- Prone: The patient is placed prone, lying on rolls so that the abdomen is not compressed.
- Patient flexed: The patient is flexed so that the surgical field is elevated above the rest of the CSF column. The head should be dependent to the surgical field.
- Identification of the spinal levels for laminotomy or laminectomy: The first step of the operation is identification of the spinal levels requiring a laminotomy or laminectomy. This is straightforward for tumors in the cervical region, but as the tumor’s location moves caudally, x-ray will need to be considered unless markers were placed during preoperative imaging.
- Midline incision: A midline incision is made through the fascia down to the bone of the spinous processes of the levels to be exposed after incising the skin and subcutaneous fat.
- Cartilaginous cap: The cartilaginous cap at each spinous process can then be flicked off the bone. This will expose the subperiosteal plane of the spinous process. The muscle can then be pulled away from the bone. The ligamentous insertions along the spinous process and lamina are cut where they attach to the bone to allow the muscle to be mobilized to the lateral margins of the facet joints.
- Removal of the spinous processes and lamina: A laminectomy can be performed, but an alternative is to perform a laminotomy using a craniotome. The interlaminar space just caudal to the caudal-most lamina to be removed is enlarged using ronguers, and a power craniotome with a footed guard is used to cut the lamina just medial to the facet joints on both sides.
- Retraction of the laminar roof: “Trap-dooring” of the laminar roof is done by leaving intact the ligamentum flavum that joins the rostral most level of the laminotomy to the lamina just above and swinging the cadual end of the freed lamina rostrally to expose the soinal canal.
- Ultrasound: The adequacy of the exposure can be checked with the ultrasound (19).
- Dura opened: The dura is opened at midline over the tumor. It does not need to be opened over capping cysts unless they contain lump disease.
- Ultrasound: Ultrasound can then be used to locate cysts and main body of the tumor.
- Dorsal midline inspection: The dorsal midline of the spinal cord is inspected for a line of pial vessels disappearing into the spinal cord using the surgical microscope. This marks the median raphe.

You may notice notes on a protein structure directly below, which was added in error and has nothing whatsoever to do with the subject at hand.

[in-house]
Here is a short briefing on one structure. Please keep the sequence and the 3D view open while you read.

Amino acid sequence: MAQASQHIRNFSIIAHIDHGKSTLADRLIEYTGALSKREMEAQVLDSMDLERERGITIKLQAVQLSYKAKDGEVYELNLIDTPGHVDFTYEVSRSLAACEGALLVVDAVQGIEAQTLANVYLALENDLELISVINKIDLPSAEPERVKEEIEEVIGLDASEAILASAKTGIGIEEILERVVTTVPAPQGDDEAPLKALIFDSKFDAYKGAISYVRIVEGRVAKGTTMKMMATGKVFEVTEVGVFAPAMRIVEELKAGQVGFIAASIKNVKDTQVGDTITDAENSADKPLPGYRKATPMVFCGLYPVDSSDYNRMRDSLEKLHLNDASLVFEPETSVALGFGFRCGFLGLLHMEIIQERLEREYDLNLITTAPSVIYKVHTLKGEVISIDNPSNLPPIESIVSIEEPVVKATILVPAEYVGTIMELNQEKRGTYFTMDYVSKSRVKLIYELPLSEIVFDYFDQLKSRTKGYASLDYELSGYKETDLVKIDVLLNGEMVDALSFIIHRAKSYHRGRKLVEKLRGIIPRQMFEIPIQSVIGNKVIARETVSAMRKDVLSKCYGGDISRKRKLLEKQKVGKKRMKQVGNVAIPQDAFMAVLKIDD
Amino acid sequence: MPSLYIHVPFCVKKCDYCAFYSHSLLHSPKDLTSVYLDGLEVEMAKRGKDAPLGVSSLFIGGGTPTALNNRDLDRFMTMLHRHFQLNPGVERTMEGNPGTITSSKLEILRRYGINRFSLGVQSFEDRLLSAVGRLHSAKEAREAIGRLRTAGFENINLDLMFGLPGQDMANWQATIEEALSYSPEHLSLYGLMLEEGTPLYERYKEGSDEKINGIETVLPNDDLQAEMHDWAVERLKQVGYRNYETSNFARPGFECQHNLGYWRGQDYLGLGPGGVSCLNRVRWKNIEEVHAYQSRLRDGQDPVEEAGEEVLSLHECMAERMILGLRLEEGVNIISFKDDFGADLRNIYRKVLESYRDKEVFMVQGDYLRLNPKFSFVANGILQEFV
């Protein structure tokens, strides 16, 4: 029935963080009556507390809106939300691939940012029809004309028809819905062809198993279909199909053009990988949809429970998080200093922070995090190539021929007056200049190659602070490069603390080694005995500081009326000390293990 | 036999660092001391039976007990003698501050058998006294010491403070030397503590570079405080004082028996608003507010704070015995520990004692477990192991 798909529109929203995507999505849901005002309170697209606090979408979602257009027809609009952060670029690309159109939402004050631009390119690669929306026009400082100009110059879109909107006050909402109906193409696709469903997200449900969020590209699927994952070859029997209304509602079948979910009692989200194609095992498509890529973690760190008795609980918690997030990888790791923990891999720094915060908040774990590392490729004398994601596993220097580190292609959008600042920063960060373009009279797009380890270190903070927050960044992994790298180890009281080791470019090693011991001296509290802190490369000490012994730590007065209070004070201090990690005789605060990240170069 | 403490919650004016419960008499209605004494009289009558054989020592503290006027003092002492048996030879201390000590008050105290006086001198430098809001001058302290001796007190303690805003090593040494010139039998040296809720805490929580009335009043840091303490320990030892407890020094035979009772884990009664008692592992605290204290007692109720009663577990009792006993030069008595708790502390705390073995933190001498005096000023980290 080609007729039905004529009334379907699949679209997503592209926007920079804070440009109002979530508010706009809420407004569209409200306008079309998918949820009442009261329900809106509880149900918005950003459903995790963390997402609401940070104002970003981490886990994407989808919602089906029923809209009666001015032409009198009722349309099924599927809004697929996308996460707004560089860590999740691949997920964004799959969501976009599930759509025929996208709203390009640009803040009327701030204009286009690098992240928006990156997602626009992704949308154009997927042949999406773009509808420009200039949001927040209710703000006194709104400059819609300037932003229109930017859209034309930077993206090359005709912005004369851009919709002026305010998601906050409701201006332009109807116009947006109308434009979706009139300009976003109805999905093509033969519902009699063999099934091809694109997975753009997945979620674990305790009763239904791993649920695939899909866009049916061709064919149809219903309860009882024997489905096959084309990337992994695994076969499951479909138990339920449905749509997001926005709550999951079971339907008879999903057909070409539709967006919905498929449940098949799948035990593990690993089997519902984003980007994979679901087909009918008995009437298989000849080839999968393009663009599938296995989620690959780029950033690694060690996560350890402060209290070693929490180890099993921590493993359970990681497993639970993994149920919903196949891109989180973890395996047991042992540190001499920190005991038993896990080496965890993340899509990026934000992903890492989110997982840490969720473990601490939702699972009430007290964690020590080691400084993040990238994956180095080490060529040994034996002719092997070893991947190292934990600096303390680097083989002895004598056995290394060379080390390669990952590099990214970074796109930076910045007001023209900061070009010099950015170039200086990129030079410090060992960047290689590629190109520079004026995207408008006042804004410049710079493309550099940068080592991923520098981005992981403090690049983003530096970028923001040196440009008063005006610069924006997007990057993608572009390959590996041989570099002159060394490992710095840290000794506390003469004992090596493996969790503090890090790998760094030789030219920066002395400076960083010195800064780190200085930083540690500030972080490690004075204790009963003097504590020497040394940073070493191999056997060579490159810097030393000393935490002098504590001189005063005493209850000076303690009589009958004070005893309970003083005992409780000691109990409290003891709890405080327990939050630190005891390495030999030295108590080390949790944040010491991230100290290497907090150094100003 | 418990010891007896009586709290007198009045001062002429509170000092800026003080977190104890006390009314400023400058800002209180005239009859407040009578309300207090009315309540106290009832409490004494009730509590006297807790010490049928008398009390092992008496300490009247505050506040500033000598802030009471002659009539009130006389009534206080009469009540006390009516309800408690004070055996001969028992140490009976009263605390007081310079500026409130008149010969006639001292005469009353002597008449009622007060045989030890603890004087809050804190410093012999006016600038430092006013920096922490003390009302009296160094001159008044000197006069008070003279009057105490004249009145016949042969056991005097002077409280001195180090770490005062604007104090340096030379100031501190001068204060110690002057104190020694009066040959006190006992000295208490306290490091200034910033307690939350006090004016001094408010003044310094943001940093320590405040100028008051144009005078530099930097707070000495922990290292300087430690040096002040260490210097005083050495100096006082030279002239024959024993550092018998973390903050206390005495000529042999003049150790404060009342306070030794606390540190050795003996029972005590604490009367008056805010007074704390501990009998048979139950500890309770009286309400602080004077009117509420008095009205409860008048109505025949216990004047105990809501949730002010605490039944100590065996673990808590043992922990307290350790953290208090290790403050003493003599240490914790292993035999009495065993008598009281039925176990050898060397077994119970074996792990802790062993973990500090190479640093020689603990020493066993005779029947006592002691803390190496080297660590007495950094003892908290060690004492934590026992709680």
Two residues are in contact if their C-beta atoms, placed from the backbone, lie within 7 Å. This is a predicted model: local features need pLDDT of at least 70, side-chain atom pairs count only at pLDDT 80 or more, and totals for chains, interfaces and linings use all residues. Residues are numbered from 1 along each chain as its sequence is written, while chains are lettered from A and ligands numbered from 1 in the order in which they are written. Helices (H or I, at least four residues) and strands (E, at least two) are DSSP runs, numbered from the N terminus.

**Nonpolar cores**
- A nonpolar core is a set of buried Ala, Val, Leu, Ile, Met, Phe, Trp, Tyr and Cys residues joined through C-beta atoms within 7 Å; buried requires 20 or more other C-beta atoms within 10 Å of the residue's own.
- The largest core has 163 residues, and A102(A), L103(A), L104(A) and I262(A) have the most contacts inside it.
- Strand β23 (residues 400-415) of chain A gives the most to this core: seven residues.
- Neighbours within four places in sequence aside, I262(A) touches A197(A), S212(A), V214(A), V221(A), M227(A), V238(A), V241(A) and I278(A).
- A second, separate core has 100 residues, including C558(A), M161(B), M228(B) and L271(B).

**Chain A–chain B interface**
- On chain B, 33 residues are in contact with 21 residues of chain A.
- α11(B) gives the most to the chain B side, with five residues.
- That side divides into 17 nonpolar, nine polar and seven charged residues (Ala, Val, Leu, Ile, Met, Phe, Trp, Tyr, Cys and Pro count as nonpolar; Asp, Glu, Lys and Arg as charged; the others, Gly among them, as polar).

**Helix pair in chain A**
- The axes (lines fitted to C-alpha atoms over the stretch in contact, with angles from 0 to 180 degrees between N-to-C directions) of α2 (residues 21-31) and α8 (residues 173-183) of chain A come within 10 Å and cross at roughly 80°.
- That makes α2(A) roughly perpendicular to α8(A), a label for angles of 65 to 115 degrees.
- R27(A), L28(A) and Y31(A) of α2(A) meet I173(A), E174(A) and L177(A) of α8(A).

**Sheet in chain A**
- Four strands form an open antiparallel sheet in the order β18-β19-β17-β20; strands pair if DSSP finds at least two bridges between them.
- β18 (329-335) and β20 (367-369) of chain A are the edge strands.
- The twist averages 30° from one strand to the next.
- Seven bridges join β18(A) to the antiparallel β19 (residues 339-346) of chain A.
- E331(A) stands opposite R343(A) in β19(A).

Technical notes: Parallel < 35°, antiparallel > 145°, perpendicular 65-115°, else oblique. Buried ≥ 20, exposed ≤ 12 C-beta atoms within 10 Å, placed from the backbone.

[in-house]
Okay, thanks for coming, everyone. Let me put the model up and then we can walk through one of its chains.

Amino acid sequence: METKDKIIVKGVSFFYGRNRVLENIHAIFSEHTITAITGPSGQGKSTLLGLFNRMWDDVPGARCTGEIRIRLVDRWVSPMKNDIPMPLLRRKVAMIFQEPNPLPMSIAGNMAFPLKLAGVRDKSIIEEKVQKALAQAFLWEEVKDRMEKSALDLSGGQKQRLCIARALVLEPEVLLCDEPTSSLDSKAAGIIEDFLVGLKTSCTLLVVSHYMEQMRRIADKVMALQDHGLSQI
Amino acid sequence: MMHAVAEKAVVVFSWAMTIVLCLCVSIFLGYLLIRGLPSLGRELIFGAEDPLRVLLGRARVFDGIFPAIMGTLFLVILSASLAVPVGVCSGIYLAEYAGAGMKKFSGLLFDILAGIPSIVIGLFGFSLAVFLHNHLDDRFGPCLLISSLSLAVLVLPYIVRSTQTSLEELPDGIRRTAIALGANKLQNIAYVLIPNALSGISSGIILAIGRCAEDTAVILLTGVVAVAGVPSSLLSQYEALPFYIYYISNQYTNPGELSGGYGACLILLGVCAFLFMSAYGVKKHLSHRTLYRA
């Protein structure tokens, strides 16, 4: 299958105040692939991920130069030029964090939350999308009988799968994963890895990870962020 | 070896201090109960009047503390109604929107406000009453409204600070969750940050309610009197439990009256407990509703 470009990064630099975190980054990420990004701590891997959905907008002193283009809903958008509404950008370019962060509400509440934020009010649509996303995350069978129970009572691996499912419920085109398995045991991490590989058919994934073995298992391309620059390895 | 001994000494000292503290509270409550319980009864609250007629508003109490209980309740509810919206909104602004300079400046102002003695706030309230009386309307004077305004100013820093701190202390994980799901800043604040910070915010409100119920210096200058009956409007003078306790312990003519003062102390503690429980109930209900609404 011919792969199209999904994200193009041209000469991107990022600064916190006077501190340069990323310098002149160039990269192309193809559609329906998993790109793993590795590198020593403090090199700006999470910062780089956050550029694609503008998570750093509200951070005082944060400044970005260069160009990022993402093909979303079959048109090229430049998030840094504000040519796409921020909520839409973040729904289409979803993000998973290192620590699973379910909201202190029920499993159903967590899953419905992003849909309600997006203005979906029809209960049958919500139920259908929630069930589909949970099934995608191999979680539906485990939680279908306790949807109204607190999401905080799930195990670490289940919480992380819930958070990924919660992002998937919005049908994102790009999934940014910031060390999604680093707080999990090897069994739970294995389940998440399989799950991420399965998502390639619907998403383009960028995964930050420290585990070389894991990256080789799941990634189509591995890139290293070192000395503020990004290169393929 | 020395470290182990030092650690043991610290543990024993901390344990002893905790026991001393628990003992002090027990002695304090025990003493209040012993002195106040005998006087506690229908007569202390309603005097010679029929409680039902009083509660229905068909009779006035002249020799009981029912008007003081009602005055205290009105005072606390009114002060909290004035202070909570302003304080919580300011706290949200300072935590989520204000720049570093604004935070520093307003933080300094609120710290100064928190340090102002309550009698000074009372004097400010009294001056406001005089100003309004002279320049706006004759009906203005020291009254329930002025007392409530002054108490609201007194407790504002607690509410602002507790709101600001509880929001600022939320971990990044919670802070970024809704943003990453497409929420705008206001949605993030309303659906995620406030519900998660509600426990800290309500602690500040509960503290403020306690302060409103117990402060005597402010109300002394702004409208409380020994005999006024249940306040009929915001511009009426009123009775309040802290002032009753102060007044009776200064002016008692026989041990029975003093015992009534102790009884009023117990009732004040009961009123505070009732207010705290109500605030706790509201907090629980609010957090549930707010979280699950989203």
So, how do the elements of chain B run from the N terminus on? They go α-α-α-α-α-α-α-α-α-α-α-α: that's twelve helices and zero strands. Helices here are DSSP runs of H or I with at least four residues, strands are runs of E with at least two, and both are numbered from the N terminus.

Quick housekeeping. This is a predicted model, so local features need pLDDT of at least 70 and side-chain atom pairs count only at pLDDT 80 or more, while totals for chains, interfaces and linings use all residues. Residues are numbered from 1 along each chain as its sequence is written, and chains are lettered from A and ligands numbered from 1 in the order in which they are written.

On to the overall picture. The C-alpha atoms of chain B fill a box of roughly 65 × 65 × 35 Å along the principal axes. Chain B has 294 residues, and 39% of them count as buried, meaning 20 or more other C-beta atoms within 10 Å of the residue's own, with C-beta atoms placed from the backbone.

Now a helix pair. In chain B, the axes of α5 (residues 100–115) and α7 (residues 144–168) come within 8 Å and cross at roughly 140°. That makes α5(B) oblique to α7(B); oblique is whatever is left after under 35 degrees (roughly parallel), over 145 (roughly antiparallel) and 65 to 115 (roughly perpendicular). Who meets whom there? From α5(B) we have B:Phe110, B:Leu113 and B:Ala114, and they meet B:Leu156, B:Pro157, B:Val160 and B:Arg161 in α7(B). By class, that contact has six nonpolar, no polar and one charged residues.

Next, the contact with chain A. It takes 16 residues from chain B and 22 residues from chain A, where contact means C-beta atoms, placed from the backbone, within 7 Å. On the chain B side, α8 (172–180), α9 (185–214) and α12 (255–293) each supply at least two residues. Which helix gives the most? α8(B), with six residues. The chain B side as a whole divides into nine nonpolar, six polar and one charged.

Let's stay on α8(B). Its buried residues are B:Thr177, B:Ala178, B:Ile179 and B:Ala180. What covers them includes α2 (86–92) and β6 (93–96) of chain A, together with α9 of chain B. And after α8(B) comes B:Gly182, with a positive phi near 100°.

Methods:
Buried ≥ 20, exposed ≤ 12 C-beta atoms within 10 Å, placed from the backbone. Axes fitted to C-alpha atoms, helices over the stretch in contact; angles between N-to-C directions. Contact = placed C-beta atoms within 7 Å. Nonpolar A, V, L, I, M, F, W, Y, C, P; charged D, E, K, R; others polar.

Intervention – Tumor Resection
- Retraction: Retraction can be accomplished with specially designed plated bayonets. This avoids distortion of the cord by pial retraction sutures.
- Biopsies: Biopsies can be obtained before the resection starts. This allows for timely information from a frozen section and insures that specimens will be available for permanent study.
- Ultrasound: Ultrasound can be used to check for residual lumps of tumor.
- Control of bleeders: Hemostatic agents and tamponade are used to control bleeders. Cautery is not used at the margins of the tumor unless all else fails.
- Astrocytomas, gangliogliomas and other nonependymal gliomas: These tumors have in common infiltrating edges and no plane surrounding them. Consequently, their resection usually starts with a central debulking. It has been shown that for these tumors an 80% resection yields the same 5-year event-free survival rate as a 100% resection (10).
- Ependymomas: Ependymomas typically have a plane allowing for their separation from the cord’s parenchyma. An initial central debulking can be helpful if the tumor is large. It is then freed at the pole and gently lifted out of the cavity as it is separated from the cord laterally. As it is lifted, small vessels off the anterior spinal artery are looked for, cauterized, and cut at the point where they enter the tumor. Areas adherent to the cord are left.
- Hemangioblastomas: Hemangioblastomas frequently reach the pia of the dorsal surface, making the initial exposure straightforward. Pial attachments are cut, and the exposed surface of the tumor is cauterized to shrink it away from the cord (43). In a stepwise manner the surface is shrunk, bridging vessels are cut as they enter the tumor, and the cord is gently retracted away from the tumor to expose more of its surface, which is then cauterized. This can interfere with the perfusion of the surrounding cord since it shares blood supply with the tumor. Monitoring will warn of this circumstance with potentials suddenly dropping. Further work on the tumor should await return of the potentials.
- Cavernous malformations: Cavernous malformations are best resected after a hemorrhage, before the hematoma is resorbed (25). In this setting the hematoma is removed to expose the cavernoma, which is then shrunk by cautery and removed.
- Dura: The dura usually can be closed primarily. A duraplasty usually is not needed when a radical resection has been accomplished.
- Laminoplasty: If a laminotomy was performed at opening, a laminoplasty is performed (1). Metal miniplates and screws, although quick and convenient, can create artifact on MRI, making it difficult to following the patient for tumor recurrence. Resorbable plates and pins or suture is preferred.
- Drain: An epidural drain or drain dorsal to the repositioned lamina can be placed to prevent the muscle closure from being challenged by CSF. It should be tunneled out through a tract separate from the wound closure line.
- Muscle and fascia closed: Monofilament stitch, either dissolving or permanent, will not stretch and should be considered to maintain closure tightness. The fascia closure line is the barrier to CSF, and care should be taken that this layer is tight.
- Second drain: An additional drain can be place dorsal to the fascia as a “scout” for CSF leakage.
- Closure completion: The rest of the closure is by personal preference.